Lead With Ser­vice

The Economic Times - - Breaking Ideas -

The term ‘ser­vant lead­er­ship’ was coined by Robert Green­leaf who worked with the multi­na­tional or­gan­i­sa­tion AT&T for 40 years. The ser­vant lead­er­ship model puts the ‘sig­nif­i­cant oth­ers’, in­clud­ing com­mu­nity mem­bers and em­ploy­ees, as num­ber one pri­or­ity. It be­gins with the feel­ing that one wants to serve first, and in the wake of the de­sire to serve comes an as­pi­ra­tion to lead.

The best test, ac­cord­ing to Green­leaf, is to find out whether those who are be­ing served grow and evolve as peo­ple; ask your­self, do peo­ple, while be­ing served by me, be­come health­ier, wiser, freer, more au­ton­o­mous and, in the process, be­come ser­vant lead­ers them­selves? Ser­vant lead­er­ship is not a quick-fix so­lu­tion. At the core of it, it is a long-term trans­for­ma­tional and spir­i­tual ap­proach to work.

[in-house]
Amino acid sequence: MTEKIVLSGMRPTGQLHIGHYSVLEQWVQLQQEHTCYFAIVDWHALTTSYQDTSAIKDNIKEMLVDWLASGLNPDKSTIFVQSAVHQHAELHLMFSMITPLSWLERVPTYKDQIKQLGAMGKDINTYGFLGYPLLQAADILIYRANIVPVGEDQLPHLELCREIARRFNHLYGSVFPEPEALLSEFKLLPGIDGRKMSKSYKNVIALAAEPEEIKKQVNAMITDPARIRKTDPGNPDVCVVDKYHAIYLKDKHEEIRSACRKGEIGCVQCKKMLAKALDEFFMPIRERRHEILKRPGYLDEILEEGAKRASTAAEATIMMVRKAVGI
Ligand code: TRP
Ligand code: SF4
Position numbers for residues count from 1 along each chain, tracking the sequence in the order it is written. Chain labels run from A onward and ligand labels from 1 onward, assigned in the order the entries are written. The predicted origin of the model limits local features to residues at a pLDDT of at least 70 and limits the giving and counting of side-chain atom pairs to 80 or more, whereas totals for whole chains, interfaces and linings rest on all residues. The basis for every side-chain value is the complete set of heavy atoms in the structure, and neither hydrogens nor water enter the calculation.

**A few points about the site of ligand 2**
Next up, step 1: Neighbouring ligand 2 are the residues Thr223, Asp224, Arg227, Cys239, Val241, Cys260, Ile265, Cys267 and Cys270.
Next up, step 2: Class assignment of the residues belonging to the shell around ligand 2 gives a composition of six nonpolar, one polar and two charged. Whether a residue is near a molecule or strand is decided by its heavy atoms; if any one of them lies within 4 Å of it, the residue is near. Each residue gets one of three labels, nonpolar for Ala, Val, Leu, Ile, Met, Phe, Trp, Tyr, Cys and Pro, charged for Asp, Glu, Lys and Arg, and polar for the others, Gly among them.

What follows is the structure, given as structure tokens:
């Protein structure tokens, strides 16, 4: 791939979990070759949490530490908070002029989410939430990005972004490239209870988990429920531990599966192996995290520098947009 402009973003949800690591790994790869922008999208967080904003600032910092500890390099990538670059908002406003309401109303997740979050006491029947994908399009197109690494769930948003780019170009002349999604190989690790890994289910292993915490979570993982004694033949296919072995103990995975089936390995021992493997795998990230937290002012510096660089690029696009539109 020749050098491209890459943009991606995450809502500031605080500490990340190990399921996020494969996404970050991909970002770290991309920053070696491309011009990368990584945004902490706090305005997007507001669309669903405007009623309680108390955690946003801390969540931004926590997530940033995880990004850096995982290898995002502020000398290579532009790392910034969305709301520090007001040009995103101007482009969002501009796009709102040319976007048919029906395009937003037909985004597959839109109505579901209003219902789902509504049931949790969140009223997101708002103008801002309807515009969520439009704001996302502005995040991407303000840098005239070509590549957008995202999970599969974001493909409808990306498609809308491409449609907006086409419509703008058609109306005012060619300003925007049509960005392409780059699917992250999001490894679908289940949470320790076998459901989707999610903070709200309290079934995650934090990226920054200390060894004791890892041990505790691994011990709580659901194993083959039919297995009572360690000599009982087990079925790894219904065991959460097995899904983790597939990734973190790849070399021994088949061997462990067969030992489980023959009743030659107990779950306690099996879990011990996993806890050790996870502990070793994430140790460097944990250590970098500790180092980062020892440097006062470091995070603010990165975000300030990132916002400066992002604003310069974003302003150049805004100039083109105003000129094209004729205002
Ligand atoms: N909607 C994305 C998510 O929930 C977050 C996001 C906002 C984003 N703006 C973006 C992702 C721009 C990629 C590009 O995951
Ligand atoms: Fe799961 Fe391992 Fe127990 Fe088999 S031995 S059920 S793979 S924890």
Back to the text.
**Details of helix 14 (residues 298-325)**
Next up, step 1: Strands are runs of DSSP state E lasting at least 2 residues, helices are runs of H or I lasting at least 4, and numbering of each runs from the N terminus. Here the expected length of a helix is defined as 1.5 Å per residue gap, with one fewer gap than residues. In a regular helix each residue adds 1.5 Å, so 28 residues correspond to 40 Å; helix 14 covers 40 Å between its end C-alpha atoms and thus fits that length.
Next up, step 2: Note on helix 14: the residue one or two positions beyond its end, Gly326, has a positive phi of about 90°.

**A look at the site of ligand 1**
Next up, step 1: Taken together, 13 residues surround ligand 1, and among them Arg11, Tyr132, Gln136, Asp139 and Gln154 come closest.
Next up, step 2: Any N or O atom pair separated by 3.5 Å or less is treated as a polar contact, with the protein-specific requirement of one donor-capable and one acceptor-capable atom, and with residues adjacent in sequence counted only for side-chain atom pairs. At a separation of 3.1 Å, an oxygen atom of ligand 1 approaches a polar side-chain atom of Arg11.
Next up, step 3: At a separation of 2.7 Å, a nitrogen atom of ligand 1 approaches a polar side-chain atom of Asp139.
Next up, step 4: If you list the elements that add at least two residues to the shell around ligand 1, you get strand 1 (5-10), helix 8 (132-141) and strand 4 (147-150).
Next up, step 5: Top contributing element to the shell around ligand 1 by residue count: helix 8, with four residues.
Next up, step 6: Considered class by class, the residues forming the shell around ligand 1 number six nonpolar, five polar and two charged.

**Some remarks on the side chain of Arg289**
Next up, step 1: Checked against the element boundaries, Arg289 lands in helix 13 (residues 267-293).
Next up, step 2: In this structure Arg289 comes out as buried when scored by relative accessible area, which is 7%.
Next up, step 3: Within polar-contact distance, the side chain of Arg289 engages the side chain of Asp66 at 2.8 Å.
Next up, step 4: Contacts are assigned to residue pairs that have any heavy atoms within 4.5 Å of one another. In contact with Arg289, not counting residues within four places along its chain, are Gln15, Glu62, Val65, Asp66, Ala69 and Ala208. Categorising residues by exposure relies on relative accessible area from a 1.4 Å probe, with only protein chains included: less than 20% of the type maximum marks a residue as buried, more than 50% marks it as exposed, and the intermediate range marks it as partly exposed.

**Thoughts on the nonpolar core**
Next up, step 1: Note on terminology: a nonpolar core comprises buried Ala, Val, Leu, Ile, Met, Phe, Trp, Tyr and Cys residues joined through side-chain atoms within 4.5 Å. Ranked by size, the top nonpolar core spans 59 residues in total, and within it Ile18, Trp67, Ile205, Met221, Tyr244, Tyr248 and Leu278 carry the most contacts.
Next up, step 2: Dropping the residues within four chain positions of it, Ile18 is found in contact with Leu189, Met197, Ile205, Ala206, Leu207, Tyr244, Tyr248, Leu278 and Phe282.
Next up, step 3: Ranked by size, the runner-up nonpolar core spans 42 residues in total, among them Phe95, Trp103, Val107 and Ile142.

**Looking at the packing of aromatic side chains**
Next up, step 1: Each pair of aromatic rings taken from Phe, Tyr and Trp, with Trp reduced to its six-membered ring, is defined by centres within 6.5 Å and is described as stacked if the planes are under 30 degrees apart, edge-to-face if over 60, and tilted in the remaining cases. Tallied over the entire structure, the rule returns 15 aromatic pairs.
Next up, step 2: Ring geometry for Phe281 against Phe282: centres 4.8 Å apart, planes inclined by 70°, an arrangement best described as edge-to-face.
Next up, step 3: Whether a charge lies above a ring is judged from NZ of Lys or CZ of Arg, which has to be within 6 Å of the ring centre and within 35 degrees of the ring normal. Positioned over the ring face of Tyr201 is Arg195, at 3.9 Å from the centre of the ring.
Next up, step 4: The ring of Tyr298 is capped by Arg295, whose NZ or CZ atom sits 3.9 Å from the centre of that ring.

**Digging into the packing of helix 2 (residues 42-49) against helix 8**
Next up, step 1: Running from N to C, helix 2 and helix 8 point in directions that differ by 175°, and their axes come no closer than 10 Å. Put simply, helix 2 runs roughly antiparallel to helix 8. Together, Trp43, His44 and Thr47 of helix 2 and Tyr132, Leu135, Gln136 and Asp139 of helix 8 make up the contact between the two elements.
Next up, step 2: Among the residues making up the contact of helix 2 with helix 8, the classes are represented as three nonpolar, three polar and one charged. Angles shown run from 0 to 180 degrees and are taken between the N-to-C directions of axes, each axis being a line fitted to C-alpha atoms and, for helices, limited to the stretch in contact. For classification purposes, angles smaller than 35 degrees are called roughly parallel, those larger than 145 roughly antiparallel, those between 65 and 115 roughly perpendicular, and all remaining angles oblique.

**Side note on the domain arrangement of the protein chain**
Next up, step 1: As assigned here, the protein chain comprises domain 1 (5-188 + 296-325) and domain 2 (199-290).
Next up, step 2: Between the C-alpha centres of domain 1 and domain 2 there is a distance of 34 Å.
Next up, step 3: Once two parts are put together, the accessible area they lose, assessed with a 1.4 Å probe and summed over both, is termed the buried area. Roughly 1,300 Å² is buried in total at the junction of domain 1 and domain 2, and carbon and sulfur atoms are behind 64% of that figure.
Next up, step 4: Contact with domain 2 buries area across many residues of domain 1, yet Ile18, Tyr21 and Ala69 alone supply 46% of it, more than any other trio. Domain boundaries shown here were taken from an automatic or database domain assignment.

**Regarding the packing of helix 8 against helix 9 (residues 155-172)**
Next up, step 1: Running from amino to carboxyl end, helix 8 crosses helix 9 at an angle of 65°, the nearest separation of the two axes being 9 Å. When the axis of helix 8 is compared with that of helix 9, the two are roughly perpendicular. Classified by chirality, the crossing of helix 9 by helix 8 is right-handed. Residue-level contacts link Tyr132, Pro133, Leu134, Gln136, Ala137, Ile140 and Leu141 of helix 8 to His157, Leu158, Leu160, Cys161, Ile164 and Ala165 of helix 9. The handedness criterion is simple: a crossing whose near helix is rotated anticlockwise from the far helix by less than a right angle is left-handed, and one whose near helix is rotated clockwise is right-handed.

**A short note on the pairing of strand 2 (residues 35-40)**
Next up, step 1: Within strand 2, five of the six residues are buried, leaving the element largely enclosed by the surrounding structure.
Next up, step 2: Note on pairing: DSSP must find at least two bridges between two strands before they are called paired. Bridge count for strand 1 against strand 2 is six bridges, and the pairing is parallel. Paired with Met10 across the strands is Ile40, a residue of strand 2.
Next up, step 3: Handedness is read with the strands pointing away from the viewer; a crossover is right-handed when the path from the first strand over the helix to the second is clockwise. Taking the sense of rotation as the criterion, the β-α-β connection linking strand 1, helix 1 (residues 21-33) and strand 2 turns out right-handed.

These are some strong at­tributes of the ser­vant lead­ers. They lis­ten in­tently and em­pa­thet­i­cally to oth­ers. For them, it is very im­por­tant to know the will of the peo­ple, for, they know that un­less peo­ple in an or­gan­i­sa­tion get en­thused by an idea, some­thing great is not likely to hap­pen. There are many bro­ken spir­its roam­ing around in or­gan­i­sa­tions whose per­for­mance is much be­low their true po­ten­tial.

Ser­vant lead­ers, be­ing es­sen­tially spir­i­tual lead­ers, set about heal­ing them. They not only lis­ten in­tently to oth­ers but to their in­ner voice seek­ing to know what one’s body, mind and soul are com­mu­ni­cat­ing. A ser­vant leader might re­ject the be­hav­iour of oth­ers but’ll never re­ject him as a per­son.

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